Season grade: Below average. Didn't the Raiders simply need a good roster-scrubbing and better coaching to finish more like 12-4 (which they did in 2016) after the 6-10 nosedive of 2017? Instead, coach Jon Gruden, in his first year back with the Raiders, went about rebuilding the roster with owner Mark Davis' blessing, and general manager Reggie McKenzie paid for it with his job. Entering Week 17, 38 players on the Raiders' 53-man roster did not spend a single day on Oakland's 53-man roster last season. Also, just seven of Reggie McKenzie's 50 draft picks made before Jon Gruden's return are on the current 53-man roster. Talk about turnover.
Season in review: The shock of the Khalil Mack trade on Sept. 1 barely had worn off as the Raiders got off to quick starts, holding halftime leads in their first three games against the Rams, Broncos and Dolphins, but late collapses led to an 0-3 start. An unlikely overtime victory over the Browns followed, but then the team returned to its losing ways. The season reached a nadir with an embarrassing 34-3 defeat at the Bay Area rival 49ers, two weeks after wide receiver Amari Cooper was traded, dropping Oakland to 1-7 and leading many to wonder whether the Raiders were en route to a 1-15 finish. The team showed improvement in wins over the Cardinals, Steelers and Broncos, though. These victories hurt Oakland's draft slot, but they gave fans some hope for the future and belief in Gruden's system.
He said it: "I always look in the mirror, and the buck stops with me. Where this team is right now is my fault. We haven't been able to build a 22-man [starting] roster. We haven't been able to give this team a chance to win because the reconstruction failed. We failed from 2014 on to have a roster right now." -- Raiders owner Mark Davis
Is Derek Carr truly Gruden's QB? It did not seem like it in the aftermath of both Mack and Cooper getting traded, as Carr struggled mightily to master Gruden's offense. And with Gruden's affinity for veteran quarterbacks, Joe Flacco started being whispered about. But Carr flipped a switch around the bye week. While he was not as explosive as he has been in the recent past (think 2016), he was more efficient, a valuable trait in Gruden's scheme. Carr completed a career-high 68.8 percent of his passes and passed for more than 4,000 yards. "We know we've got to get better around him," Gruden said of Carr, "and that we will."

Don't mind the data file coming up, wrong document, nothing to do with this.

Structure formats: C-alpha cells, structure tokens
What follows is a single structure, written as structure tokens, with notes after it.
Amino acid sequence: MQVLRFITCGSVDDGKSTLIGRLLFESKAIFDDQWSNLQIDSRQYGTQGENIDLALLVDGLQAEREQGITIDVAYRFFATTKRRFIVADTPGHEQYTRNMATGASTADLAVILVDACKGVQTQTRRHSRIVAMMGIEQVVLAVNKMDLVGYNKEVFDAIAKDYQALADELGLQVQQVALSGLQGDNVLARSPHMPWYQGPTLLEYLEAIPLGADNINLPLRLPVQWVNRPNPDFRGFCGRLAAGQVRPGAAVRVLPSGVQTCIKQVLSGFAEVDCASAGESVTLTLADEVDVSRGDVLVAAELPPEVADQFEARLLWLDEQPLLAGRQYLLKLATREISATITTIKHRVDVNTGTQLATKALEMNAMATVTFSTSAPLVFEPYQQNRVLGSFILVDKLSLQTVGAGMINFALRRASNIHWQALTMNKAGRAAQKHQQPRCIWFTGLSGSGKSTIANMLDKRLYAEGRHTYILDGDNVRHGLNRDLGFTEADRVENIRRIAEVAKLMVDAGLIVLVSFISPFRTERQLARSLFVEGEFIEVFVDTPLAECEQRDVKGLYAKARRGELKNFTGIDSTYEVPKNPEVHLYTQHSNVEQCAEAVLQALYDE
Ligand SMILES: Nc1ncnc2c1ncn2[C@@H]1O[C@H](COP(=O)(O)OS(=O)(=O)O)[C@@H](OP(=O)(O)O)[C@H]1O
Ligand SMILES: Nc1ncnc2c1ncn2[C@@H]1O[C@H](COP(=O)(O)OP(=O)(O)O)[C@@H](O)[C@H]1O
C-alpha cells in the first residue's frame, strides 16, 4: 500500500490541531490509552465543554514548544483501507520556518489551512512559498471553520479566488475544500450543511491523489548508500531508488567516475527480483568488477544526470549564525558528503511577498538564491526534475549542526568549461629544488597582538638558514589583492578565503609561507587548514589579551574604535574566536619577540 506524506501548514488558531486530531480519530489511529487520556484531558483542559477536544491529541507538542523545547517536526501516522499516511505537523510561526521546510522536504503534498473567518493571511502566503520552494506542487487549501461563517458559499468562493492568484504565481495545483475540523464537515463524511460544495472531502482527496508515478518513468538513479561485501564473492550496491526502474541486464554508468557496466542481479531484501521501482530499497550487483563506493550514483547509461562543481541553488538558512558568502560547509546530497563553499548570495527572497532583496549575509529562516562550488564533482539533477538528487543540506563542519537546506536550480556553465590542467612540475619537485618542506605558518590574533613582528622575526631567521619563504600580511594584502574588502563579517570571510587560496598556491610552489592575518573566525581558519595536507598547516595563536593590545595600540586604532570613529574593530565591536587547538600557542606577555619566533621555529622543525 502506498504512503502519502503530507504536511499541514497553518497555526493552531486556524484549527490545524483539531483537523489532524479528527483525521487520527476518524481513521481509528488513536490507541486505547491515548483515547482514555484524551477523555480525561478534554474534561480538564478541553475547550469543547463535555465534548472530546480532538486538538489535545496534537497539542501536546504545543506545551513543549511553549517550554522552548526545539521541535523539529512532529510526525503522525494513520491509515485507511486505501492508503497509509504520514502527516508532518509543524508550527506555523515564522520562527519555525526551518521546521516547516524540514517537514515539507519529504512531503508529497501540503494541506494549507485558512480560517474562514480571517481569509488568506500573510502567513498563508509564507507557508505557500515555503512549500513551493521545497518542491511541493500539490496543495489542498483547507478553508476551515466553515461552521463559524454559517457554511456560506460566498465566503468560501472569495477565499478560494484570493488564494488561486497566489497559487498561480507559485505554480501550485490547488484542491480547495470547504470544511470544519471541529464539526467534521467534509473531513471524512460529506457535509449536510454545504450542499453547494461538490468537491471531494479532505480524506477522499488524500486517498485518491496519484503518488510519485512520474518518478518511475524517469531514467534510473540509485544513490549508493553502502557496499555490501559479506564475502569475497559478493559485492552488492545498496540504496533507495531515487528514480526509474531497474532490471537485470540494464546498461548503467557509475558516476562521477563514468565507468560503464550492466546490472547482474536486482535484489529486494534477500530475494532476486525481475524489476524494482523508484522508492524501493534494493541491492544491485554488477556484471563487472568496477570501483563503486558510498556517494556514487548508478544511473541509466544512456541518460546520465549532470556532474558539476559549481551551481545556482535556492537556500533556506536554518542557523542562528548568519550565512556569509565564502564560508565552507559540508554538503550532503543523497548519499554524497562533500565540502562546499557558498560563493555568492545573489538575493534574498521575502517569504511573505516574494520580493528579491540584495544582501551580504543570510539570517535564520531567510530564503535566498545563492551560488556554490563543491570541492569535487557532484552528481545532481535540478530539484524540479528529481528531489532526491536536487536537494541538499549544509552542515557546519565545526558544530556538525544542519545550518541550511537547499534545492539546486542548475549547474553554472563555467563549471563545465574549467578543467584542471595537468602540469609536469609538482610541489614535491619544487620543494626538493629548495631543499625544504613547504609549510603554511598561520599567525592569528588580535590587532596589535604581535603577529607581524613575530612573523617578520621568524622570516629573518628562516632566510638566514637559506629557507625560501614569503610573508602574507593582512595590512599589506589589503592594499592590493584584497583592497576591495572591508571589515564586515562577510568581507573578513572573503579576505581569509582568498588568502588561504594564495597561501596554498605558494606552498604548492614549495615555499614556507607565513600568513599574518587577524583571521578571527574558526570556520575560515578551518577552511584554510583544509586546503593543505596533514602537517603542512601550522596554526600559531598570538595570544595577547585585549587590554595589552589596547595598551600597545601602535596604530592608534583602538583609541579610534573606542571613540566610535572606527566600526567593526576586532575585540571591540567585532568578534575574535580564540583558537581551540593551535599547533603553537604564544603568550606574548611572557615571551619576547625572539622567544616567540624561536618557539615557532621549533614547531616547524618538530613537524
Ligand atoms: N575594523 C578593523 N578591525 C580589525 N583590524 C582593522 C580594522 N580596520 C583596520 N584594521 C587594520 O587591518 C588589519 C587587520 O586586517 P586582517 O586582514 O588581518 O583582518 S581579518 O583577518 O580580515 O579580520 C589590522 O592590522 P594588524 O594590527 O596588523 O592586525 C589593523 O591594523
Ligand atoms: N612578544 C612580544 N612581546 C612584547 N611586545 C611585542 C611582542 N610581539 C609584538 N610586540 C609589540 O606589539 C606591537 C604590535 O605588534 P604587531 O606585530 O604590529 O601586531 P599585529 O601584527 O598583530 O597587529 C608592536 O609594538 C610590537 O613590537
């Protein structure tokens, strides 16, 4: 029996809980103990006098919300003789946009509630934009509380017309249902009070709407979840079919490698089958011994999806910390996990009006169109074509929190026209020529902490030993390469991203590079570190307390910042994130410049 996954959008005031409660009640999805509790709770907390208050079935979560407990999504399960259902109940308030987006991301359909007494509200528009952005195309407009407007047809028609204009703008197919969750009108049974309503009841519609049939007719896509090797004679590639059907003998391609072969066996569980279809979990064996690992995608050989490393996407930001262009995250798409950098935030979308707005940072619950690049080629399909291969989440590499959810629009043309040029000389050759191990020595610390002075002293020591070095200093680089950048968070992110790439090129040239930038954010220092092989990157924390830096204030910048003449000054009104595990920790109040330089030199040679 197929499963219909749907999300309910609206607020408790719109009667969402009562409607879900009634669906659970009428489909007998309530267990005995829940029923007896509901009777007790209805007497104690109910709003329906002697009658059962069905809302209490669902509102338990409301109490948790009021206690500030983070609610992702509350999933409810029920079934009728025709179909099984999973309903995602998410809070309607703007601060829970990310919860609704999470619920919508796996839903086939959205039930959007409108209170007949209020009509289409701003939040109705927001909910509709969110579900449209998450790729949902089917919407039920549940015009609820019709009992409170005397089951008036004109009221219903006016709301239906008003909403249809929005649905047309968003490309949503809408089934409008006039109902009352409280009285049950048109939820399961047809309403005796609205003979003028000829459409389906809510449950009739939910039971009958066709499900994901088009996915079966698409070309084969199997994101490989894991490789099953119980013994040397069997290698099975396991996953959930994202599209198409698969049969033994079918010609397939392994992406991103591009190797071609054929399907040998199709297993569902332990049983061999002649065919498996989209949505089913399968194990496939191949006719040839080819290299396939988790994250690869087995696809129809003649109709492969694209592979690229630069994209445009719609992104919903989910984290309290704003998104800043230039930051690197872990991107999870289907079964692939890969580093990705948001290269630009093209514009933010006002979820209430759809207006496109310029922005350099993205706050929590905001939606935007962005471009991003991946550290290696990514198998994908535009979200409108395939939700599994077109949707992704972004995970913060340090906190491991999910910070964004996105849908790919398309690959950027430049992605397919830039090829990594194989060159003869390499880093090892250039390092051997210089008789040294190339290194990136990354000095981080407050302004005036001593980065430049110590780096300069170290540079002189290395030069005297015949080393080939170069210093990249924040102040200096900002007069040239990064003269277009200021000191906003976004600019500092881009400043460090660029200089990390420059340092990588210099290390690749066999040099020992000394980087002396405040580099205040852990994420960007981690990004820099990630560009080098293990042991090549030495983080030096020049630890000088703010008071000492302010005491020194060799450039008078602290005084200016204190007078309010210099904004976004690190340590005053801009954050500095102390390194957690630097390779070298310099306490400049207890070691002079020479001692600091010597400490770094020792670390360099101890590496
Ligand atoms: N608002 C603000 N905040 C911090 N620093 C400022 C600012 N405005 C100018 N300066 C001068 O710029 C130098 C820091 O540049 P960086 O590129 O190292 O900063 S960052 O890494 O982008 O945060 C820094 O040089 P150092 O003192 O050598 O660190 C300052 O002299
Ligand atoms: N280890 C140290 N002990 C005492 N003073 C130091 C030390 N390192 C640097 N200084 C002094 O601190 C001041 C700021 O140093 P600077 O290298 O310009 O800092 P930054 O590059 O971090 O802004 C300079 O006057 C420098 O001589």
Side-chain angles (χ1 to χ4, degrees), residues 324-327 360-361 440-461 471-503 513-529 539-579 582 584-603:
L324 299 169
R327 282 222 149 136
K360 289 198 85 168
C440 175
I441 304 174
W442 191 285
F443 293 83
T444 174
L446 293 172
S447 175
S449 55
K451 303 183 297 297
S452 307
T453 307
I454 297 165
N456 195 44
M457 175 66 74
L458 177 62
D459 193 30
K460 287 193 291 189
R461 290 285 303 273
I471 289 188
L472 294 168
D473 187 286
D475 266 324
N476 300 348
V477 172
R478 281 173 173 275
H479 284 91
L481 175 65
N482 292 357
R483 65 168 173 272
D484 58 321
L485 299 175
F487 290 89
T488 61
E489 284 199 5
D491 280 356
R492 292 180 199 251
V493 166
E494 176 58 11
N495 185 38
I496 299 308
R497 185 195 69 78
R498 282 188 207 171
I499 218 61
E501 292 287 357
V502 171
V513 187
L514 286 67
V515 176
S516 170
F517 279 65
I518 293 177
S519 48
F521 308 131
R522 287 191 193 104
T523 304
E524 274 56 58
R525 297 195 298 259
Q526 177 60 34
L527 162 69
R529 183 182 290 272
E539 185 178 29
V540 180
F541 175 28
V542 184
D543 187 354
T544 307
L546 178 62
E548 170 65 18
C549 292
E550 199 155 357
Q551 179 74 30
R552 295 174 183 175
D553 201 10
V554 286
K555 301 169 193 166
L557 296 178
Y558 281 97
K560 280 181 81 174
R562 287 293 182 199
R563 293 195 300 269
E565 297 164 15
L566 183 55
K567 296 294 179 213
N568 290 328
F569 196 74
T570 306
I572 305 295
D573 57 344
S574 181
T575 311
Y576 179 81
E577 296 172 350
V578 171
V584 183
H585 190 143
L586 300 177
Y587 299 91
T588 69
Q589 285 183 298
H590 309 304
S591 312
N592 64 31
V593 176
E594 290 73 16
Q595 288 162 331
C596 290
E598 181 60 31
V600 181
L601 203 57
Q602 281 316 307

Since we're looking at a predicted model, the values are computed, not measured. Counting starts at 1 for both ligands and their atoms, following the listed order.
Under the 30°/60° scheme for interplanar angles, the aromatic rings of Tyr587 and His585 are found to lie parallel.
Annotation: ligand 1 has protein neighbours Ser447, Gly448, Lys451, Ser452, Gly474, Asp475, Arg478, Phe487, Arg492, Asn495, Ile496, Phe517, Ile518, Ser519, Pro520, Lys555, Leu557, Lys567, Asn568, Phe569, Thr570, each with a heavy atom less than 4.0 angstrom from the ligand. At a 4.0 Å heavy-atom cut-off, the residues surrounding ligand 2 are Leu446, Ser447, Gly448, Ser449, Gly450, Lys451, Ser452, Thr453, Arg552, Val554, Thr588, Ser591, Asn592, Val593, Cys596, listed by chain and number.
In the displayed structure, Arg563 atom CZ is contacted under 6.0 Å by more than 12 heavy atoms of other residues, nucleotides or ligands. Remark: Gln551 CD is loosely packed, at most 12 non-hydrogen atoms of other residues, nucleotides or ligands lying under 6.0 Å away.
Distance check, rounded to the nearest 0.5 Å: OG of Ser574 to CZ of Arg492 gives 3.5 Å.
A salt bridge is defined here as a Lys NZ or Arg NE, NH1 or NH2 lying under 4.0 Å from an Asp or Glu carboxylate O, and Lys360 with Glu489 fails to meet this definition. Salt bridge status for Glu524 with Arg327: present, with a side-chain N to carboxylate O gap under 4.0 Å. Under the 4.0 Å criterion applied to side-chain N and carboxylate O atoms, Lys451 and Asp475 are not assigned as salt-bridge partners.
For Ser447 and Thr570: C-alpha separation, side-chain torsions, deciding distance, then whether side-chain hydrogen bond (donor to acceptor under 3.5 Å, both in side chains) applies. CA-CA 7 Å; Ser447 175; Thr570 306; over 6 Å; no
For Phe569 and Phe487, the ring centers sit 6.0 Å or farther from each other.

What about all those draft picks? Because of those Mack and Cooper trades, three of the Raiders' 10 draft picks come in the first round. The Raiders have needs all over the field, especially at pass-rusher -- Oakland had only 13 sacks as a team while Mack had 12.5 by himself in Chicago -- and receiver. Cooper looked re-energized in Dallas, amassing more than 700 yards receiving and six TDs in his nine regular-season games there. Expect Gruden to address those needs early in free agency or in the draft. But keep in mind, the last time Gruden had ultimate power in a draft room, in Tampa Bay from 2002 through 2008, only three of his 90 draft picks made it to at least one Pro Bowl. Gruden and the Raiders need to hit on these draft picks to make the trades worthwhile and the rebuild successful.
Where will the Raiders play in 2019? Oakland? San Diego? San Francisco? Santa Clara? Reno? Glendale, Arizona? Parts Unknown? All that is known at this time is that the City of Oakland has announced plans to file a federal lawsuit against the team and the league over the Raiders' move to Las Vegas, to which the Raiders responded by removing their lease offer of $7.5 million to play next season at the Oakland Coliseum. The NFL needs to know by early February at the latest where the Raiders will play home games -- they most assuredly will practice during the week at their Alameda complex -- and, you'd imagine, free agents will want to know as well, considering the move to Southern Nevada in less than two years.